Letters to the Editor

Catholics on the Tube

Dear Editor: It is a given that the cable/satellite channel Fox News presents itself unabashedly as America’s bastion of all that is good and wholesome in government, culture, and social conduct, a beacon of traditional values and moral rectitude.

Therefore it defies all logic that Fox’s broadcast network is arguably the most blatant purveyor of vicious derision of religion, almost exclusively of Christianity and, most especially, of all that is sacred in the Catholic Church.

Various Fox melodramas and sitcoms (as in situation “comedies”) have targeted the Church, parodying Catholic rituals and demeaning profoundly held Catholic and other Christian beliefs as fodder for their notion of hilarious plots and punch lines. Even their cartoons spew blasphemies, and surely any entertainment oozing from the imagination of Seth McFarlane is bound to invite contempt for religious sensibilities to infiltrate the joviality.

While it is also a given that the “entertainment” media in general are not known for their displays of respect for believers, at least not for Christian believers, and that enthusiasm for bashing the Catholic Church is a hallmark of political correctness, one could only hope that perhaps Fox, considering its conservative cable/satellite teammate, might be more circumspect about its pursuit of the profane and the blasphemous.

Several weeks ago, however, the broadcast avatar of Fox, seen locally on Channel 5, entered a new phase in its campaign to offend with an episode of a real “knee-slapper” of a series called “The Mick.” One Tuesday last month, as I casually surfed the usual collection of on-screen synopses in planning my enjoyment of that evening’s fare, the brief description of the upcoming episode of “The Mick” caught my attention. Succinctly put, the plot was to be about one character’s return to church in order to help her fight an addiction. It sounded like a morale was to be had and perhaps watching the episode might be a source of Christian edification; I looked forward to watching, not expecting a healthy dose of piety, yet surely not prepared for an onslaught of heavy-handed blasphemous mockery.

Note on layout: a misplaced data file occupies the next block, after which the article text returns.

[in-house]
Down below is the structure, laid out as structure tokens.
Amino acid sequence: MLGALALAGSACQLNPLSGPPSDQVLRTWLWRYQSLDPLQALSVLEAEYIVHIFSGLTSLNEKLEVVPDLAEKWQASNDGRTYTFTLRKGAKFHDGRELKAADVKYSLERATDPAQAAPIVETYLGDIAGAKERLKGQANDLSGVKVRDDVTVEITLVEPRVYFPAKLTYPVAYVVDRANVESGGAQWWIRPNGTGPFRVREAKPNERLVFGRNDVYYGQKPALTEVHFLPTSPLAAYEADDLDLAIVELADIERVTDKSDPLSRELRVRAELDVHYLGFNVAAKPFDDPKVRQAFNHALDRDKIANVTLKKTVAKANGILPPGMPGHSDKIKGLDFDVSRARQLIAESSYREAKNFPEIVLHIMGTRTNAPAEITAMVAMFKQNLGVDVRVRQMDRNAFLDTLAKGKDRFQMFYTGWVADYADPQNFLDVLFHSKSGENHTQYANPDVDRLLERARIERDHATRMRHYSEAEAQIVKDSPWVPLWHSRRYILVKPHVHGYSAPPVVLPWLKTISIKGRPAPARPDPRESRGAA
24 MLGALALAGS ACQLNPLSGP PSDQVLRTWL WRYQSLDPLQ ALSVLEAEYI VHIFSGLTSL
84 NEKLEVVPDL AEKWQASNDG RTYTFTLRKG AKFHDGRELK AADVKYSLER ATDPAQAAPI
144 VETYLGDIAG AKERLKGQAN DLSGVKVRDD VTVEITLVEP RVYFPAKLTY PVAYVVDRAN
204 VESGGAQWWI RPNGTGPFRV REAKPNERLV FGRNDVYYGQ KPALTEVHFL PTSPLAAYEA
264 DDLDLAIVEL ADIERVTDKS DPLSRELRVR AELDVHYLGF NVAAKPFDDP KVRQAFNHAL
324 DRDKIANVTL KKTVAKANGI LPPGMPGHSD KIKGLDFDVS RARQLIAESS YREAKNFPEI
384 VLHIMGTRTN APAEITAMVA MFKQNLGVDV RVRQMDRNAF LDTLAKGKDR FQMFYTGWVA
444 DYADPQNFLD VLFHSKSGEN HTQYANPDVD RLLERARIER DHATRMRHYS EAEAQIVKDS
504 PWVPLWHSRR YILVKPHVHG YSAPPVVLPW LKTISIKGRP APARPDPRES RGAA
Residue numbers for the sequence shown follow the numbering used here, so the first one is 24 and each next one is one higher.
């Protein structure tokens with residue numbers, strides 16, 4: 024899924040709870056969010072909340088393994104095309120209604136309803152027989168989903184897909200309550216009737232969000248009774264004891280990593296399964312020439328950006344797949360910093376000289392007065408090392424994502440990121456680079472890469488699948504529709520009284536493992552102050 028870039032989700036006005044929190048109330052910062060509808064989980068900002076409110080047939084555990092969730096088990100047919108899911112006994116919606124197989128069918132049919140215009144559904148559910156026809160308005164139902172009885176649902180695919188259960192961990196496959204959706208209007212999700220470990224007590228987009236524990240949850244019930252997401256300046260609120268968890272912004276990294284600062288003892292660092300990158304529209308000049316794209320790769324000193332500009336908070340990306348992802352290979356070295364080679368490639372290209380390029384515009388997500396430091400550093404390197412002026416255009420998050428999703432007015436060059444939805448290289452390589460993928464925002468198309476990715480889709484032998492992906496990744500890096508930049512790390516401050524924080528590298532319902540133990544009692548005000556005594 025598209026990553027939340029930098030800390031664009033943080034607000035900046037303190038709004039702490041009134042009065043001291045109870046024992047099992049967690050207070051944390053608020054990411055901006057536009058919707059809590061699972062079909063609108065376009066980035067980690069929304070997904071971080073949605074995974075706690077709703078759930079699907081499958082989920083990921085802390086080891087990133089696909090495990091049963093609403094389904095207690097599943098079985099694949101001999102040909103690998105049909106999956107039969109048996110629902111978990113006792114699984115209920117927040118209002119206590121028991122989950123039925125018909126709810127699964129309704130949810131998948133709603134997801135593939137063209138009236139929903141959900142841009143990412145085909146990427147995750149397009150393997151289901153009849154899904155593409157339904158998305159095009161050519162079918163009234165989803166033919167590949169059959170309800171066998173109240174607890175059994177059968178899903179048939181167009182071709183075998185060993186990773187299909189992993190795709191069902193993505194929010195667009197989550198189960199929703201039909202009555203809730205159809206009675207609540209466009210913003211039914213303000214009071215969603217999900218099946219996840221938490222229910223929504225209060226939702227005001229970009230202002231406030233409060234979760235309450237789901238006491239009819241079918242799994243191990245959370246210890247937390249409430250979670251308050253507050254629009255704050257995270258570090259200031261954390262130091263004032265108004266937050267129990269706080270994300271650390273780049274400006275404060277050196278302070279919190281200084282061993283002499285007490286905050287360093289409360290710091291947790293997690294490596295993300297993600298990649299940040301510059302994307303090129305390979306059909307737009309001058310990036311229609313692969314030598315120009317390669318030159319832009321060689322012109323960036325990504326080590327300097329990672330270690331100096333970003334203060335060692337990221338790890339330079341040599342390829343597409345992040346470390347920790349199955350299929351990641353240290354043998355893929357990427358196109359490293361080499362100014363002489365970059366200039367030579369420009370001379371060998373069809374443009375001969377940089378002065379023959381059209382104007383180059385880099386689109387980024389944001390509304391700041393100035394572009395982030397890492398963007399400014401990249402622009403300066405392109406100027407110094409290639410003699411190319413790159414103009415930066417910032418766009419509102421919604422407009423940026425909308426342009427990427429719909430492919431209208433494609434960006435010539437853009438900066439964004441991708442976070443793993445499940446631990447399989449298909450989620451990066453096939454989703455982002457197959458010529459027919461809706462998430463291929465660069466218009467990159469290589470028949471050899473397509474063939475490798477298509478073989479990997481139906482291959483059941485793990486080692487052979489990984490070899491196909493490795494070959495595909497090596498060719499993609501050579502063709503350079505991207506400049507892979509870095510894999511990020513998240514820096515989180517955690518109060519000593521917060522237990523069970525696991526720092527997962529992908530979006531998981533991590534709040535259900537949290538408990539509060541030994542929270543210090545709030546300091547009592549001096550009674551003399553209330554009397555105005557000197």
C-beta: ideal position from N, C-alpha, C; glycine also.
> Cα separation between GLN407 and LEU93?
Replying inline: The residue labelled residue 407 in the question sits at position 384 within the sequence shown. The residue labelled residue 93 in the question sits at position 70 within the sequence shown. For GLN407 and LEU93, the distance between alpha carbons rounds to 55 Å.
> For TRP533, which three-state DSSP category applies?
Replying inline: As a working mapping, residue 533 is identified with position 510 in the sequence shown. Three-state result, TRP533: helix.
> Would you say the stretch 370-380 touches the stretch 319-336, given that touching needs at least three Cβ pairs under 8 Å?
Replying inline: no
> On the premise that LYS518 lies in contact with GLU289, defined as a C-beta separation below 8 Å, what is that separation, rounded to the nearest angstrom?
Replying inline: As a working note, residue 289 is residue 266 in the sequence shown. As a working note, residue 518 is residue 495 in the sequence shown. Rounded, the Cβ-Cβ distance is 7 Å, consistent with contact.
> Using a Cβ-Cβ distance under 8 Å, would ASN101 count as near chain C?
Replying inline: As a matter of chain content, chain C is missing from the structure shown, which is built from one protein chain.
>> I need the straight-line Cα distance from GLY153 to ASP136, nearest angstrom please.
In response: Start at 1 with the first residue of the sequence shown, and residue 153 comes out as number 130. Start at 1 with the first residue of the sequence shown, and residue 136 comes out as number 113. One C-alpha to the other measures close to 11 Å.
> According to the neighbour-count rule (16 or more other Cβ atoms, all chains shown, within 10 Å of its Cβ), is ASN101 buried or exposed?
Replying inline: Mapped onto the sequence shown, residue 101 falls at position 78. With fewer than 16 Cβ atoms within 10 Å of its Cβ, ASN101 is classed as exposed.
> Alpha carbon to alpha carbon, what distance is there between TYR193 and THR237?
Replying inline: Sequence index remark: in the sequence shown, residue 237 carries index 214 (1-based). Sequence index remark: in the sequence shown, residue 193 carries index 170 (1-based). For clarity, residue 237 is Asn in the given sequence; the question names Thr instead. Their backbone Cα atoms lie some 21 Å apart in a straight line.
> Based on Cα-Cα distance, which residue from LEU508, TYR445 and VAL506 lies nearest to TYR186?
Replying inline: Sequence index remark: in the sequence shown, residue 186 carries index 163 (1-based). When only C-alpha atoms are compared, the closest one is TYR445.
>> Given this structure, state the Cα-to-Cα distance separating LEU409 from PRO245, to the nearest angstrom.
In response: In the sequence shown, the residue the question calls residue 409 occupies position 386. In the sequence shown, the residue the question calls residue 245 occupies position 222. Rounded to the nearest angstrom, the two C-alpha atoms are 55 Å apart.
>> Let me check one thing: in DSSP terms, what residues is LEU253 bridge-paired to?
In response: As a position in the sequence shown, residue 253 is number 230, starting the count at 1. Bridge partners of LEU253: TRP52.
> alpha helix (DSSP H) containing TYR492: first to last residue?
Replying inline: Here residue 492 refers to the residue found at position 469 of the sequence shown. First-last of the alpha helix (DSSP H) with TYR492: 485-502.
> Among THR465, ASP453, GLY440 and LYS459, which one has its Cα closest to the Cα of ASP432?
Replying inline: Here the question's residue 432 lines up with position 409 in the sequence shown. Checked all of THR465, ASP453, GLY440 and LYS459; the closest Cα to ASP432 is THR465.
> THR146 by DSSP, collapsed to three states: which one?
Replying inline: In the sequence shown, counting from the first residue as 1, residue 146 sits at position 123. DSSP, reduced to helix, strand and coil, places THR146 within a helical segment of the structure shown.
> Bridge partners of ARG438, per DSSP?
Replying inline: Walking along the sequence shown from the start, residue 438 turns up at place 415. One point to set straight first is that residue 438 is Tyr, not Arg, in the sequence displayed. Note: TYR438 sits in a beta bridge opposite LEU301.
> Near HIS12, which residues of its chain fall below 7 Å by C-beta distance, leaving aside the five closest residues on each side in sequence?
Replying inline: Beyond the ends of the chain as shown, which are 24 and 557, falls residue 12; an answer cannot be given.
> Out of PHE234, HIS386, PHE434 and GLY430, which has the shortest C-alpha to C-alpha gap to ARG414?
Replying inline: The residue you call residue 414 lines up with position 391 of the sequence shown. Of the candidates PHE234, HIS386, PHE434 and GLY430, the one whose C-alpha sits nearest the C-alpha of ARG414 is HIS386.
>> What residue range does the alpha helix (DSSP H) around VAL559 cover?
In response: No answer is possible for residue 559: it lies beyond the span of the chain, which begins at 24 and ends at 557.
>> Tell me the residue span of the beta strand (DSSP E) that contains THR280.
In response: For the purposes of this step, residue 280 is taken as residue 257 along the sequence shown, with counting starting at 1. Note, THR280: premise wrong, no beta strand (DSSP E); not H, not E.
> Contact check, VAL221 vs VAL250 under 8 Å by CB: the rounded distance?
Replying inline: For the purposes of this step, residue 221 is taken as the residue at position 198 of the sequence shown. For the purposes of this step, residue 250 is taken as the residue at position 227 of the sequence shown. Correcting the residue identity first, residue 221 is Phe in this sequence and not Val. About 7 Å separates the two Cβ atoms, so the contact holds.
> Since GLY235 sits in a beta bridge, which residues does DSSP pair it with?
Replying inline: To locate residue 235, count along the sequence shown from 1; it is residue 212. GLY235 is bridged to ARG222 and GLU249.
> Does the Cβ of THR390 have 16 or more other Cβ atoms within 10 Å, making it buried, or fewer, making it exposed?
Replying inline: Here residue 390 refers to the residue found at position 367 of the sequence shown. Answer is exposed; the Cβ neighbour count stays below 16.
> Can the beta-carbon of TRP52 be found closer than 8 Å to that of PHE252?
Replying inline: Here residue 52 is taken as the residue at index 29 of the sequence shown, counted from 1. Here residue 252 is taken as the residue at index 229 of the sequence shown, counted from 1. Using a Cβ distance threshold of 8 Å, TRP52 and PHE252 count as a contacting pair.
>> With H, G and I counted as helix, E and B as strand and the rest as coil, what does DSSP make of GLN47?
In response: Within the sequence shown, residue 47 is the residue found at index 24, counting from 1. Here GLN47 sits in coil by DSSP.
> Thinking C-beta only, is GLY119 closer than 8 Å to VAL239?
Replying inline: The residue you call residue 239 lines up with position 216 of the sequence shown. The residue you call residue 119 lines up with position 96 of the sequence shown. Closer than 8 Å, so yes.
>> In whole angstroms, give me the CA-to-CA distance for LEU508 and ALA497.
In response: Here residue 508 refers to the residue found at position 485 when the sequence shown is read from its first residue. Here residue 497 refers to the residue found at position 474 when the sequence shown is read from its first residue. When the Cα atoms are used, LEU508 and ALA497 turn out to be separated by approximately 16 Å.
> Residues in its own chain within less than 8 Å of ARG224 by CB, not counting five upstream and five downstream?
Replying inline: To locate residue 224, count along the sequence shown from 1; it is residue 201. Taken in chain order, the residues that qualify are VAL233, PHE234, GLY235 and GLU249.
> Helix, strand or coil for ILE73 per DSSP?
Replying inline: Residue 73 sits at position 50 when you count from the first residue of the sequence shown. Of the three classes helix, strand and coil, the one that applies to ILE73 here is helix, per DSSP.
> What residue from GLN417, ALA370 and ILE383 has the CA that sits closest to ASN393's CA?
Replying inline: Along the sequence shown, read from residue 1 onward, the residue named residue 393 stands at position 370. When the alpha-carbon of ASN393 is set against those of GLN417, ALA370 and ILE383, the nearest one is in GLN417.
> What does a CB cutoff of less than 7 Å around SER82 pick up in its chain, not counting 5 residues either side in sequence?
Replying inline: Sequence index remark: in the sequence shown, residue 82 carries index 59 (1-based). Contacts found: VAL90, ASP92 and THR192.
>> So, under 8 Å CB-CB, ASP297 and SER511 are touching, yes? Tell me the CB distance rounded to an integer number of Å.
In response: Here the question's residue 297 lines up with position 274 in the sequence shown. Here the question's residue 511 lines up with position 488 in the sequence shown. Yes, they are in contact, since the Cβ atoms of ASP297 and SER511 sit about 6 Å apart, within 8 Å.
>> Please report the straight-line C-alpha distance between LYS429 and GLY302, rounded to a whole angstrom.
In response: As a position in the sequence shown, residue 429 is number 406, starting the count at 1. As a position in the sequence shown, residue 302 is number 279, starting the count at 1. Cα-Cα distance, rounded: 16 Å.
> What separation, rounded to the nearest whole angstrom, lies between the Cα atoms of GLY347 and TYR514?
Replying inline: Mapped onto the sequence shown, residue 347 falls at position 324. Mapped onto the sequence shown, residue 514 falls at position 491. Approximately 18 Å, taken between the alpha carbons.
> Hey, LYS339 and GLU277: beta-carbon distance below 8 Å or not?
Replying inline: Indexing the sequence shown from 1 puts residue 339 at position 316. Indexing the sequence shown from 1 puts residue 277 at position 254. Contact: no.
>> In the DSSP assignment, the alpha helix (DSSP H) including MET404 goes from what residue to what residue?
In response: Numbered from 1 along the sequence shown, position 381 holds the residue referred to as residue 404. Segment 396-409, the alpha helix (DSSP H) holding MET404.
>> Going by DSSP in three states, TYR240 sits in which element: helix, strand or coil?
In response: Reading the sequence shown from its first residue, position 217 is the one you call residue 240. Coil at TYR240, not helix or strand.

But there it was – on Channel 5, in prime time – the most shameless display of anti-religious ridicule that Fox could muster.

First, there were two of the main characters in a contest to outdo each other in expounding their atheism, then engaging a young boy, barely having achieved the age of reason, ostensibly trying to spare him their atheism while the tyke’s own foul mouth was used to propel the plot (it is evidently not judged to be child abuse when adult script-writers and directors, not to mention parents, coach an eight-or-so-year-old to spew vulgarities in order to entertain the TV masses).

As offensive as this presentation portended to be by already the first few minutes, I could not click away with the remote, succumbing to a morbid curiosity to watch exactly how far this train would careen before finally tumbling off the track.

Throw into the mix a “hip” tattooed priest (his inked Christian symbols displayed when he strips down to demonstrate his basketball prowess), his dim but easily bought-off pastor, ridicule of the Mass, parody of God the Father, desecration of the altar, and yet more mockeries and indignities, all within the one merely half-hour episode.

Finally, cap off the episode with the conclusion that an opioid is the authentic source of spiritual enlightenment, and you have the essentials of the Fox network’s gleeful presentation of light entertainment. Enough said.